Inhibiting miRNAs as a new therapeutic strategy for cystic fibrosis

Selective inhibition of miRNAs: An effective therapeutic strategy for improving CFTR dysfunction

Ian Reynolds
RCSI Discover
Published in
4 min readJul 16, 2020


Cystic fibrosis (CF) is caused by mutations of the Cystic Fibrosis Transmembrane Conductance Regulator (CFTR) gene.

The CFTR gene encodes a channel that facilitates chloride and anion transport across the membrane of epithelial cells. In order to develop CF, individuals must carry two mutant CFTR alleles, mutations which can result in altered protein synthesis, folding, trafficking or function.

While CF is a multi-organ disorder, the vast majority of morbidity and mortality experienced by patients with this illness relates to chronic lung disease. Absent or poorly functioning CFTR results in impaired mucociliary clearance, chronic infection and inflammation.

CFTR is post-transcriptionally regulated by microRNAs (miRNA), with previous research indicating that inhibitors of certain miRNAs can enhance CFTR expression or function in CF bronchial epithelial cells (BECs). Target site blockers (TSBs) specifically compete with miRNAs for binding to individual miRNA elements (MREs) and hence prevent them from gaining access to those sites.

In the study available here, Professor Catherine Greene and her team at RCSI University of Medicine and Health Sciences demonstrate the effects of CFTR-specific TSBs and how they can block miRNA mediated inhibition of CFTR, This research was conducted alongside colleagues from University College Dublin, University Hospital Limerick, University of Pittsburgh, Boston University and Aerogen Limited.

The RCSI team began by measuring endogenous levels of five lead miRNAs that were previously shown to be direct regulators of CFTR, preforming this step in a range of in-vitro, ex-vivo and clinical samples. They demonstrated that levels of several of the miRNAs were increased in the different models studied.

Nine TSBs were designed to target MREs for the five lead miRNAs. The efficacy of these TSBs was judged based on increasing CFTR 3’UTR luciferase expression. Luciferase was found to increase after transfection with TSB4, TSB6, TSB7 and TSB8.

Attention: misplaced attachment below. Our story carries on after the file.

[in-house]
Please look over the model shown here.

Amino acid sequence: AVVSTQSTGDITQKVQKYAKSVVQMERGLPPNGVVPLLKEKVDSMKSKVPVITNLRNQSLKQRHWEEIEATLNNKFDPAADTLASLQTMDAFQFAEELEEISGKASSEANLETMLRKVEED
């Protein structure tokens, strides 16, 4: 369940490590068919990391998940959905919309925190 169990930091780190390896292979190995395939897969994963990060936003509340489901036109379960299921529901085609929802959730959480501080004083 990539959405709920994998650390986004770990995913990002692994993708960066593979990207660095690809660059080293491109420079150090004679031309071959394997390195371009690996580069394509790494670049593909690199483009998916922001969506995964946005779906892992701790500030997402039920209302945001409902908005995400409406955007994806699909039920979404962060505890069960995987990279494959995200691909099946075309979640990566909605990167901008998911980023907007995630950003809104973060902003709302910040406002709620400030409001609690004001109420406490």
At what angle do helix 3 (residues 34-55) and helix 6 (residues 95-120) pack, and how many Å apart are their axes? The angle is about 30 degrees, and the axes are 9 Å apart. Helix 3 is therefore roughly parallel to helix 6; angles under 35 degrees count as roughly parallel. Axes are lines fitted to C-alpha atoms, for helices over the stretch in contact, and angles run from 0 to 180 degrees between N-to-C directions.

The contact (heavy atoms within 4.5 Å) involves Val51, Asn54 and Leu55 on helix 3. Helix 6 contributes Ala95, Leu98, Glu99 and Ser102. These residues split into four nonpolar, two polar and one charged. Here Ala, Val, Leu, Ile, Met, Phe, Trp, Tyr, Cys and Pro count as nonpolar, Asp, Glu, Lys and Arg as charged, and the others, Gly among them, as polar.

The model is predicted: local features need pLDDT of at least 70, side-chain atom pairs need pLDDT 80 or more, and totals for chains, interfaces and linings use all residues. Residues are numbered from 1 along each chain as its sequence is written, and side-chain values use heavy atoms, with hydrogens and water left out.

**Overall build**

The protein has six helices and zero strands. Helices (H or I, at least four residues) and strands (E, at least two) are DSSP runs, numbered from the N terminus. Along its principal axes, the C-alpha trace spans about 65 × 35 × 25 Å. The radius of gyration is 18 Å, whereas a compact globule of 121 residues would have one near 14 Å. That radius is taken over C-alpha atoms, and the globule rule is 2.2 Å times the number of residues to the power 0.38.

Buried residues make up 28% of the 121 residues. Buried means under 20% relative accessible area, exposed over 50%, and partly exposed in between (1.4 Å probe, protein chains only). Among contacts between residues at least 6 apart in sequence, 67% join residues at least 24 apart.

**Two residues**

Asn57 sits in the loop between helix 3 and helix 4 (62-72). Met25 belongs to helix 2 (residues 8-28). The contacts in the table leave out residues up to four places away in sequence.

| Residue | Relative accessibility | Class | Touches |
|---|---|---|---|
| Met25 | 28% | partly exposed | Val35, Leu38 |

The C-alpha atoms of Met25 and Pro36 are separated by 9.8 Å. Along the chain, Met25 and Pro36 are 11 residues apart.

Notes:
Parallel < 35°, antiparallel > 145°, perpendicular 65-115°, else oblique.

Cell lines were then transfected with each of these four TSBs and levels of endogenous CFTR protein were measured. TSB4 targeting a specific miR-223–3p MRE at position 166–173 of the CFTR 3’UTR and TSB6 targeting the miR-145–5p MRE at position 298–305 significantly increased CFTR protein levels and hence subsequent studies focused on these TSBs.

Using a fluorescence-based test and a CFTR functional assay, the authors demonstrated that inhibition of CFTR-specific miRNAs could improve CFTR anion channel activity. The team went on to illustrate how TSB4 and TSB6 enhanced the CFTR modulator effects in BECs.

In the final component of the study, Professor Greene’s team finished by encapsulating TSB4 and TSB6 in poly-lactic-co-glycolic acid (PLGA) nanoparticles, proving how these encapsulated TSBs could be successfully aerosolised and increase CFTR expression in primary CF BECs.

This last step was crucial given the importance of aerosolised treatments as a mechanism of rapid drug delivery in patients with CF.

In this study, the research team at RCSI provide the first evidence of a synergistic effect of specific miRNA binding site inhibition combined with CFTR correctors to enhance anion channel activity. The TSBs can enhance up to three-fold the corrector effects of medications such as Ivacaftor or Tezacaftor on the CFTR channel.

This means that there may be therapeutic value in selectively inhibiting the activity of specific miRNAs in CF to potentiate the effectiveness of CFTR modulators. The most effective approach to CF treatment will likely require combinations of CFTR correctors and adjunct therapies.

The authors illustrate how CFTR-specific TSBs can modulate CFTR in CF BECs to enhance its expression and anion permeability. Furthermore, aerosolised PLGA nanoparticles containing the TSBs retained desirable aerodynamic and biophysical characteristics indicating their potential use as an inhalation therapy.

In summary, the study suggests that aerosolised TSBs encapsulated in PLGA nanoparticles used alone or in combination with systemic CFTR modulators might represent a promising therapeutic strategy for the treatment of CFTR dysfunction in CF bronchial epithelium, specifically in patients carrying the p.Phe508del mutation.

This research discovery enhances the field of cystic fibrosis research, bringing us closer to providing effective therapeutic treatment and care to patients.

Journal Article Information:
Precise targeting of miRNA sites restores CFTR activity in CF bronchial epithelial cells.
Molecular Therapy 2020, 28 (4)



Ian Reynolds
RCSI Discover
Writer for

Specialist Registrar in Surgery